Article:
Dissolved Gas Analysis (DGA) Test of Transformer Oil

The dissolved gas analysis (DGA) test of transformer oil is a tool to detect dissolved gases in the oil for diagnostics to detect incipient faults. In other words, Dissolved Gas Analysis(DGA) is the study of dissolved gases in the transformer oil to examine the insulation condition of the transformer. This test is a kind of laboratory test of transformer oil samples. Online DGA tests can also be done through portable online DGA test machines.

During faults in the electrical network, the current passing through transformer windings causes thermal and electrical stress, which can produce gases due to the decomposition of transformer oil.

When a major fault occurs in a transformer, the decomposed gas is collected in the Buchholz relay, which activates its trip contact and trips the transformer breaker. The gas can be released from the Buchholz relay and is thus taken out. If the fault in the transformer is not severe, the gas produced can dissolve in the transformer oil. However, if the concentration of dissolved gases in the transformer oil exceeds the limit specified, the oil may fail.

Monitoring the Buchholz relay alone is insufficient to predict the overall internal condition of an electrical power transformer. Therefore, analyzing the various gases dissolved in the transformer oil during service is necessary.

Analyzing the dissolved gases present in transformer oil gives a better understanding of the condition of the oil and paper insulation. This transformer’s oil analysis, known as the DGA test, is essential to regularly perform to ensure the transformer is in good health and operates smoothly. The DGA test results provide valuable insight into the transformer’s insulation system, indicating its overall health.

A Dissolved Gas Analysis (DGA) test on transformer oil ensures the transformer’s overall health, even if the oil passes the breakdown dielectric voltage (BDV) test.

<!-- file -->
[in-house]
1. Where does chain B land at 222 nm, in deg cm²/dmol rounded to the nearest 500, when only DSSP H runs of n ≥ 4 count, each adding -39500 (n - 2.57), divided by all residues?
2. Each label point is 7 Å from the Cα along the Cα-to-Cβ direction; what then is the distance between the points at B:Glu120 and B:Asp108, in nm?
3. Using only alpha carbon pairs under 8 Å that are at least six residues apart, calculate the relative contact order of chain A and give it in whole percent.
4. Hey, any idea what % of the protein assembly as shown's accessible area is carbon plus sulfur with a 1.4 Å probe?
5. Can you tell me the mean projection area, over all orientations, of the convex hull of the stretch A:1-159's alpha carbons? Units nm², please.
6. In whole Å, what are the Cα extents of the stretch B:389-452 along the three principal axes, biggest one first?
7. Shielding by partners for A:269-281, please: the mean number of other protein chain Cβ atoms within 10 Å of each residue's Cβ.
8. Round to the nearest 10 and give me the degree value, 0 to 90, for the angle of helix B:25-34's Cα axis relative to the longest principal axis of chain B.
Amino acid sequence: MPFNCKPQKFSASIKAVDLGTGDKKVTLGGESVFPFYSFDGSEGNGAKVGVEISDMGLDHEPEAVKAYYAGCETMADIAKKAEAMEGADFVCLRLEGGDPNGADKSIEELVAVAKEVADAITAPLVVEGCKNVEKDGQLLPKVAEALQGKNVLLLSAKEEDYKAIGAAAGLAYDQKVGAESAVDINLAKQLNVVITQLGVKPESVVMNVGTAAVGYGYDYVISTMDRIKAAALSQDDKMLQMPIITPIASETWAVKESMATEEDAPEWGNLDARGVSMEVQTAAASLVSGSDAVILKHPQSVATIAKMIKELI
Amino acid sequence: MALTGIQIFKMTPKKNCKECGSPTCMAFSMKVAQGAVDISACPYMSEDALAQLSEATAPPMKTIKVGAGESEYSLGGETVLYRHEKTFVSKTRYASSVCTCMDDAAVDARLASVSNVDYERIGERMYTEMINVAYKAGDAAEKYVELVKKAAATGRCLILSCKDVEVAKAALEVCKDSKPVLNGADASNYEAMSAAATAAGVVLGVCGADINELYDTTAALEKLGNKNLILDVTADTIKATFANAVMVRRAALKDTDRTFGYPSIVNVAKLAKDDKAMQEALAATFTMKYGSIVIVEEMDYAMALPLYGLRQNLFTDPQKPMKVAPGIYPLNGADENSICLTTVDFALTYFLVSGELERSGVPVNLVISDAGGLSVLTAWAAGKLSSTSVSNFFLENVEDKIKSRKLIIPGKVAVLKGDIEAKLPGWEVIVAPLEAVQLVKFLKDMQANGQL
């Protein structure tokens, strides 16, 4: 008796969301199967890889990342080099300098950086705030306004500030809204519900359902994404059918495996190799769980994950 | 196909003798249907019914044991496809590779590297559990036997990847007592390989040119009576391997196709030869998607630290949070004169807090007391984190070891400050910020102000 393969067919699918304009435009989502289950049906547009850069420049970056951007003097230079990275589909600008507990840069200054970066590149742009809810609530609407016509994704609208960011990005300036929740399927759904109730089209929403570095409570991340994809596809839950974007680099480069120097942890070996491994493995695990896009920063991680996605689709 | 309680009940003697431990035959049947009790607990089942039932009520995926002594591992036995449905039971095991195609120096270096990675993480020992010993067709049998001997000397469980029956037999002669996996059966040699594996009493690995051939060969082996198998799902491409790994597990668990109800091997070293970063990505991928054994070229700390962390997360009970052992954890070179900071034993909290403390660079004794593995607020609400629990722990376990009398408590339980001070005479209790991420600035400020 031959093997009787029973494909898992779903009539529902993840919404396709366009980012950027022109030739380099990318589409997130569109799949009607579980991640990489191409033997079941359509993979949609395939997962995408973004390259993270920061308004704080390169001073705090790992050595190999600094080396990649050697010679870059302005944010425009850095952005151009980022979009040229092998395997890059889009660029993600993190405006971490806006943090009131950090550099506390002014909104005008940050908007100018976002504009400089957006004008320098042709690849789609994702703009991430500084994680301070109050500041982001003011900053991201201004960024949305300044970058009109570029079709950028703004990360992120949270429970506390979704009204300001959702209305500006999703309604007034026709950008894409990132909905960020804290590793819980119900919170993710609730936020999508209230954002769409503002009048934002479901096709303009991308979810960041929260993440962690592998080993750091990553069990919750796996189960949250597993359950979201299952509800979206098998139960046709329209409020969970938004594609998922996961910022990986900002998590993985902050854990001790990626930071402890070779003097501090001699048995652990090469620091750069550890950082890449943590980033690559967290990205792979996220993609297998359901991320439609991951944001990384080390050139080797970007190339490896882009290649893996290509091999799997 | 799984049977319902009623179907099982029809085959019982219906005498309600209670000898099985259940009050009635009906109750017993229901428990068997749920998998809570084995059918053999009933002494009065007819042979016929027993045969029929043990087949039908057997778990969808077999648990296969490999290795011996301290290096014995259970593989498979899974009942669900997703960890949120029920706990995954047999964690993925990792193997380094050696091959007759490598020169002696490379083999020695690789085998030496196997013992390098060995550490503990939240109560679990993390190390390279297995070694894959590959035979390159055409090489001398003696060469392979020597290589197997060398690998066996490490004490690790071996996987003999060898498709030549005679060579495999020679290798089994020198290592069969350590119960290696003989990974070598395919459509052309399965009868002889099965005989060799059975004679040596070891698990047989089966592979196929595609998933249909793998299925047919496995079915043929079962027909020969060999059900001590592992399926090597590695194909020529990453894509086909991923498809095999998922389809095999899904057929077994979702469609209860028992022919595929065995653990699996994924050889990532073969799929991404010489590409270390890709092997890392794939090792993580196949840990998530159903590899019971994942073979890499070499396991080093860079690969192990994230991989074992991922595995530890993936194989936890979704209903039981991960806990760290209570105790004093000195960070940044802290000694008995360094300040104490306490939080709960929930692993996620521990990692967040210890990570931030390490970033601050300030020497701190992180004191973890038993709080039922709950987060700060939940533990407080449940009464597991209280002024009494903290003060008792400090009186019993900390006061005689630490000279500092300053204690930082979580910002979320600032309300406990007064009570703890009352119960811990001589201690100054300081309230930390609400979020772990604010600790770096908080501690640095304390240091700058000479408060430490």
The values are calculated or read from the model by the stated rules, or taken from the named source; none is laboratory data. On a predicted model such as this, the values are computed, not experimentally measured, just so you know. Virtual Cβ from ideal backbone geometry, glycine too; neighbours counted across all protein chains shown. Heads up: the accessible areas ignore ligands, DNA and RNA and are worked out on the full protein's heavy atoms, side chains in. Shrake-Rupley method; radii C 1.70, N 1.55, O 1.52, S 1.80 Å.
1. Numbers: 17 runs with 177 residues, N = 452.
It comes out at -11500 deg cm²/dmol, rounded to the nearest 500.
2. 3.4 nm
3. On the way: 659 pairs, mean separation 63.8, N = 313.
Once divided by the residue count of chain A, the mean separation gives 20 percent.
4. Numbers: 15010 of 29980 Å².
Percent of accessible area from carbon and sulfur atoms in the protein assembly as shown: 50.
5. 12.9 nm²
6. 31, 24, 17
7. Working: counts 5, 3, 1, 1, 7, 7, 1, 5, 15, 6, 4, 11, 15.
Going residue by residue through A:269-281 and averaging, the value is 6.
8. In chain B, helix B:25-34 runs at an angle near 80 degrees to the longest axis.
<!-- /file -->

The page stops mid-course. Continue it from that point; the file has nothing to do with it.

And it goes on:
During DGA test, various gases such as hydrogen (H2), methane (CH4), ethane (C2H6), ethylene (C2H4), acetylene (C2H3), carbon monoxide (CO), carbon dioxide (CO2), nitrogen (N2), and oxygen (O2) are typically found in the oil.

Methods of Determining Dissolved Gas in Transformer Oil

The gases evolve during fault and get dissolved in the transformer oil. In Dissolved Gas Analysis of transformer oil or DGA analysis of transformer oil, the gases dissolved in the transformer oil are extracted from oil, and the amount of gas in the oil is analyzed.

The Vacuum Gas Extraction Apparatus and Gas Chronograph methods are used to determine the content of the gases in the transformer oil.

The Vacuum Gas Extraction Apparatus extracts gas from oil by creating a vacuum. Then, gas components are analyzed using gas chronographs.

It has been observed that when the internal temperature of a power transformer rises between 150°C and 300°C due to abnormal thermal stresses, a large quantity of hydrogen and methane gases are produced. If the temperature exceeds 300°C, a substantial amount of ethylene (C2H4) is produced. At temperatures exceeding 700°C, a considerable amount of hydrogen (H2) and ethylene (C2H4) are produced.

The chart below displays the gas production at various oil temperatures.

Dissolved gas analysis of transformer oil

Ethylene (C2H4) is a sign of a potentially dangerous hot spot inside the electrical transformer that has reached very high temperatures. During a DGA (Dissolved Gas Analysis) test of the transformer oil, high levels of CO and CO2 could indicate the decomposition of proper insulation.

Permissible Limits of Dissolved Gases in Transformer Oil

If the dissolved gases in the transformer oil exceed the specified limit, in that case, the following faults can be detected: The maximum amount of dissolved gases that a transformer oil can have, as per IS 10593, is provided below.